Making Alcohol Fuel With a Solar Still

Following the lead of a Minnesota farmer, MOTHER EARTH NEWS' researchers built a solar still to try making alcohol fuel of their own.


| March/April 1979



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MOTHER EARTH NEWS' solar still is hard at work making alcohol fuel—its first batch, courtesy of ol' Sol. The barrel contains the "mash" solution, and proof-strength alcohol collects in the cup.

PHOTO: MOTHER EARTH NEWS STAFF

As you know, MOTHER EARTH NEWS promised in Lance Crombie: Spokesperson for the Alcohol-fuel Movement that we would try to get a Bureau of Alcohol, Tobacco, and Firearms permit to conduct research with and if possible improve upon the solar still designed by Mr. Crombie.  

Well, the permit came through, just days before our deadline for putting out the issue you're reading now! However, MOTHER EARTH NEWS' researchers were all set, "primed and ready" to run a few trial batches of mash through our own solar still. And as we'd expected, the easy-to-make, inexpensive device does work. The plans that follow will enable other folks to take the first steps toward making alcohol fuel with their own low-cost backyard device.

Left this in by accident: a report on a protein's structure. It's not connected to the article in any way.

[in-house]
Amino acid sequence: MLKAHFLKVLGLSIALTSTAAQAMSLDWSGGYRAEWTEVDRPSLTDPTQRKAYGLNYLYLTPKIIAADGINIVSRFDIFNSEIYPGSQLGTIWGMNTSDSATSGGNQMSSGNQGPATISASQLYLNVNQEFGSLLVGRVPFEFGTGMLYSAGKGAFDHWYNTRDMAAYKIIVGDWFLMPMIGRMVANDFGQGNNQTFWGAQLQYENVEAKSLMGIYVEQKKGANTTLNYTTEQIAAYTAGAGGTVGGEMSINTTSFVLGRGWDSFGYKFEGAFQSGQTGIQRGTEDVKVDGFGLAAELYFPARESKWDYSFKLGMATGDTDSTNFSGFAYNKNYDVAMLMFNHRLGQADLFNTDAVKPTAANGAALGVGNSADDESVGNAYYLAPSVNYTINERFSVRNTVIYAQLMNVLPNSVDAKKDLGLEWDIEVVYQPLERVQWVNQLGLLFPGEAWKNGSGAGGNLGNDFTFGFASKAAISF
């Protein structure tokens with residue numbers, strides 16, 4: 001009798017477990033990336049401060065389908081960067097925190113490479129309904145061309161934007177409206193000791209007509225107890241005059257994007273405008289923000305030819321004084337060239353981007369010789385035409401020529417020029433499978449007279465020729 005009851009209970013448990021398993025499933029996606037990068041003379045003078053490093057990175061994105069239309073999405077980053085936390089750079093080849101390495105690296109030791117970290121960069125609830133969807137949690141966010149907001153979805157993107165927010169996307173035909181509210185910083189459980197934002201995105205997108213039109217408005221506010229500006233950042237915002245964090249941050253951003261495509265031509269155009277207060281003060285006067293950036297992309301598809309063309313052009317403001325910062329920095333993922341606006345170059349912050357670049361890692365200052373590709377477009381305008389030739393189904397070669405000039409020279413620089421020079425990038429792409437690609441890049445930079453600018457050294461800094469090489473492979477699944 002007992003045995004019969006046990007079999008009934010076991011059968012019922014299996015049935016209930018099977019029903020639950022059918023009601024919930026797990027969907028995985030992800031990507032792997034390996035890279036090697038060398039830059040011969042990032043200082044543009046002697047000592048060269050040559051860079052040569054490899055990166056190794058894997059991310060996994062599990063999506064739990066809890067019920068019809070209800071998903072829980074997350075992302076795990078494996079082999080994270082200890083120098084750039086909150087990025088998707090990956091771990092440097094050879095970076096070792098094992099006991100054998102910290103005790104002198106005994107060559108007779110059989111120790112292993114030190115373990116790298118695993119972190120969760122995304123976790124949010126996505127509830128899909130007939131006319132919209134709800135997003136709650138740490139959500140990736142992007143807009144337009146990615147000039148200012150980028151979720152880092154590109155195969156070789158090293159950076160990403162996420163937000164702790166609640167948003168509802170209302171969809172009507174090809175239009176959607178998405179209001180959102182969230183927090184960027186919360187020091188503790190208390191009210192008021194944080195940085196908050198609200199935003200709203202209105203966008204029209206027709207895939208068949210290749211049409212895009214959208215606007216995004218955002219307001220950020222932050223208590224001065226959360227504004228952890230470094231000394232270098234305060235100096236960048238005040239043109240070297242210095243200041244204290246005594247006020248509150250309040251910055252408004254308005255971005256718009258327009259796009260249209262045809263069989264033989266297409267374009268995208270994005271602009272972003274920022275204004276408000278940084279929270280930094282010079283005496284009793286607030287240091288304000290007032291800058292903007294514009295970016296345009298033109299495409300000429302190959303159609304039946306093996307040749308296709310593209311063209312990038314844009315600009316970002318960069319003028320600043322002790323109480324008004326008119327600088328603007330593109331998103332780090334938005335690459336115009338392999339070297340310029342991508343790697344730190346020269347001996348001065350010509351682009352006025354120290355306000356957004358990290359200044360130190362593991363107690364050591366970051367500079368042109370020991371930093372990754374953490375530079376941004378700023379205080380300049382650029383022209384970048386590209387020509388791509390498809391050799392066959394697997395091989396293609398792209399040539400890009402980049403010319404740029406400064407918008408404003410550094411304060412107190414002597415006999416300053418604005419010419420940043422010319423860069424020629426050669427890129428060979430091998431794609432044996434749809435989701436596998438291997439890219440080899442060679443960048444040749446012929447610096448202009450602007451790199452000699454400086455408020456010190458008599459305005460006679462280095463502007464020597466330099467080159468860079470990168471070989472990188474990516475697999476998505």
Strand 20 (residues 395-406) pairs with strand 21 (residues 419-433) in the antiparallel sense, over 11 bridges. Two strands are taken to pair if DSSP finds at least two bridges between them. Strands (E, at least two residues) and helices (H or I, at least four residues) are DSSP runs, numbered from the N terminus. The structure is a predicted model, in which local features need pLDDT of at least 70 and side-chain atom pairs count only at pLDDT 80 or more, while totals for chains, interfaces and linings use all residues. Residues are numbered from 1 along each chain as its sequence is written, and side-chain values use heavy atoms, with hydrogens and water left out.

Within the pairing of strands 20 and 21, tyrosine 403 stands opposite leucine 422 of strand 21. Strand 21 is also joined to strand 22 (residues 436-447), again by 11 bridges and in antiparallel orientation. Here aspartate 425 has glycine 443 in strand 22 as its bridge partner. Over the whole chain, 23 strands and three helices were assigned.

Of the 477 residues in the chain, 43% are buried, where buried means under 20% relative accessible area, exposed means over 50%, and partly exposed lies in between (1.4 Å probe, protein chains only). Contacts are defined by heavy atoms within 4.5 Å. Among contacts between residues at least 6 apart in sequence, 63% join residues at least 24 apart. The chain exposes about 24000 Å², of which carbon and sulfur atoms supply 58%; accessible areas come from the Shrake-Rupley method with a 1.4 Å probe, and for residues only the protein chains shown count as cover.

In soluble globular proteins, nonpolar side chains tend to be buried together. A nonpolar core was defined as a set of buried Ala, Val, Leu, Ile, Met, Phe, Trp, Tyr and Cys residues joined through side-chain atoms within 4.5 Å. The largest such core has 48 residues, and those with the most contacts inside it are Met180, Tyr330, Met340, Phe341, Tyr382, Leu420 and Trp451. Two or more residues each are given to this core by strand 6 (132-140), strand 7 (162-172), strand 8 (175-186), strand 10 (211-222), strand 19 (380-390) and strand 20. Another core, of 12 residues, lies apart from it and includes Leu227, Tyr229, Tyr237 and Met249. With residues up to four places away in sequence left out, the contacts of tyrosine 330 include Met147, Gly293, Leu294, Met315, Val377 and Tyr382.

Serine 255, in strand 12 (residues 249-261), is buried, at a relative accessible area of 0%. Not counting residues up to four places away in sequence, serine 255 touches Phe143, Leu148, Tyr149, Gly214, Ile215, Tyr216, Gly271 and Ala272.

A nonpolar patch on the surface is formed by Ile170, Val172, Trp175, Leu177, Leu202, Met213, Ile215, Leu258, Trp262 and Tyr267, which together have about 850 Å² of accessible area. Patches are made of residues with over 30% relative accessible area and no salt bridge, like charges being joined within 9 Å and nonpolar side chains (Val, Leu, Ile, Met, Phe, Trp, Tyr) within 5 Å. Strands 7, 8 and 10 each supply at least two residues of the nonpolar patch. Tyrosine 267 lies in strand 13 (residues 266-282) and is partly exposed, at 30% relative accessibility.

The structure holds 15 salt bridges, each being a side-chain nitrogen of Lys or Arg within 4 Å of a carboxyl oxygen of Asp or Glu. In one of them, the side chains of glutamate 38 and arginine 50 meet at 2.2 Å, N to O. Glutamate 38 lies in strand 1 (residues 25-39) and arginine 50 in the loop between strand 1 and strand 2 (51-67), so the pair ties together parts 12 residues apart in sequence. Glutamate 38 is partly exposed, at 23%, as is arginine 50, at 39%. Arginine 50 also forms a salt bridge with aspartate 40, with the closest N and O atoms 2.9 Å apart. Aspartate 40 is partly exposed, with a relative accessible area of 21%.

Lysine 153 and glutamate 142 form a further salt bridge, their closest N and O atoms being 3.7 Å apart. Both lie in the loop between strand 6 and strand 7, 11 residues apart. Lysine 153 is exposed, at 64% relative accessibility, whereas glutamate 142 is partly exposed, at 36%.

In addition to building the solar distillery, we've run a few experiments to determine whether "alky" can, indeed, be substituted for fuel oil in a heating system. The results of our tests—including all the "modifications" necessary to convert an oil heater to alcohol—are presented in the following pages.  

However, although we do want other people to join us in researching the potentials of this renewable energy source, and although we do want folks with a little land to be able to grow fermentable crops and use them to power tractors, heat homes, and so forth, we would also like to ask everyone who has a hankerin' to get into this exciting research to cooperate with us on one IMPORTANT POINT: It seems that—in at least one instance—an experimental distilled spirits plant has been used to produce (and sell!) drinking liquor. The people at ATF (who now seem to be trying to cooperate with alcohol fuel researchers) were upset by this illegal activity. And, as you can imagine, it wouldn't take many instances of "bootlegging" to cause the regulations to get stiffer, perhaps to the point where nobody could legally explore the possibilities offered by ethanol fuel!  

So, if you plan to follow in Mr. Crombie's (and our) footsteps, please, PLEASE, limit your experiments to "legitimate" energy applications. Don't attempt to drink (or sell) the alcohol (which is likely unsafe for consumption anyway), and don't take risks by producing ethanol without a permit.  

If we all go this far in sticking to "the letter of the law," there is every chance that the present government regulations will become less restrictive, and that homemade alcohol will soon become a practical, in-use, fuel resource. 





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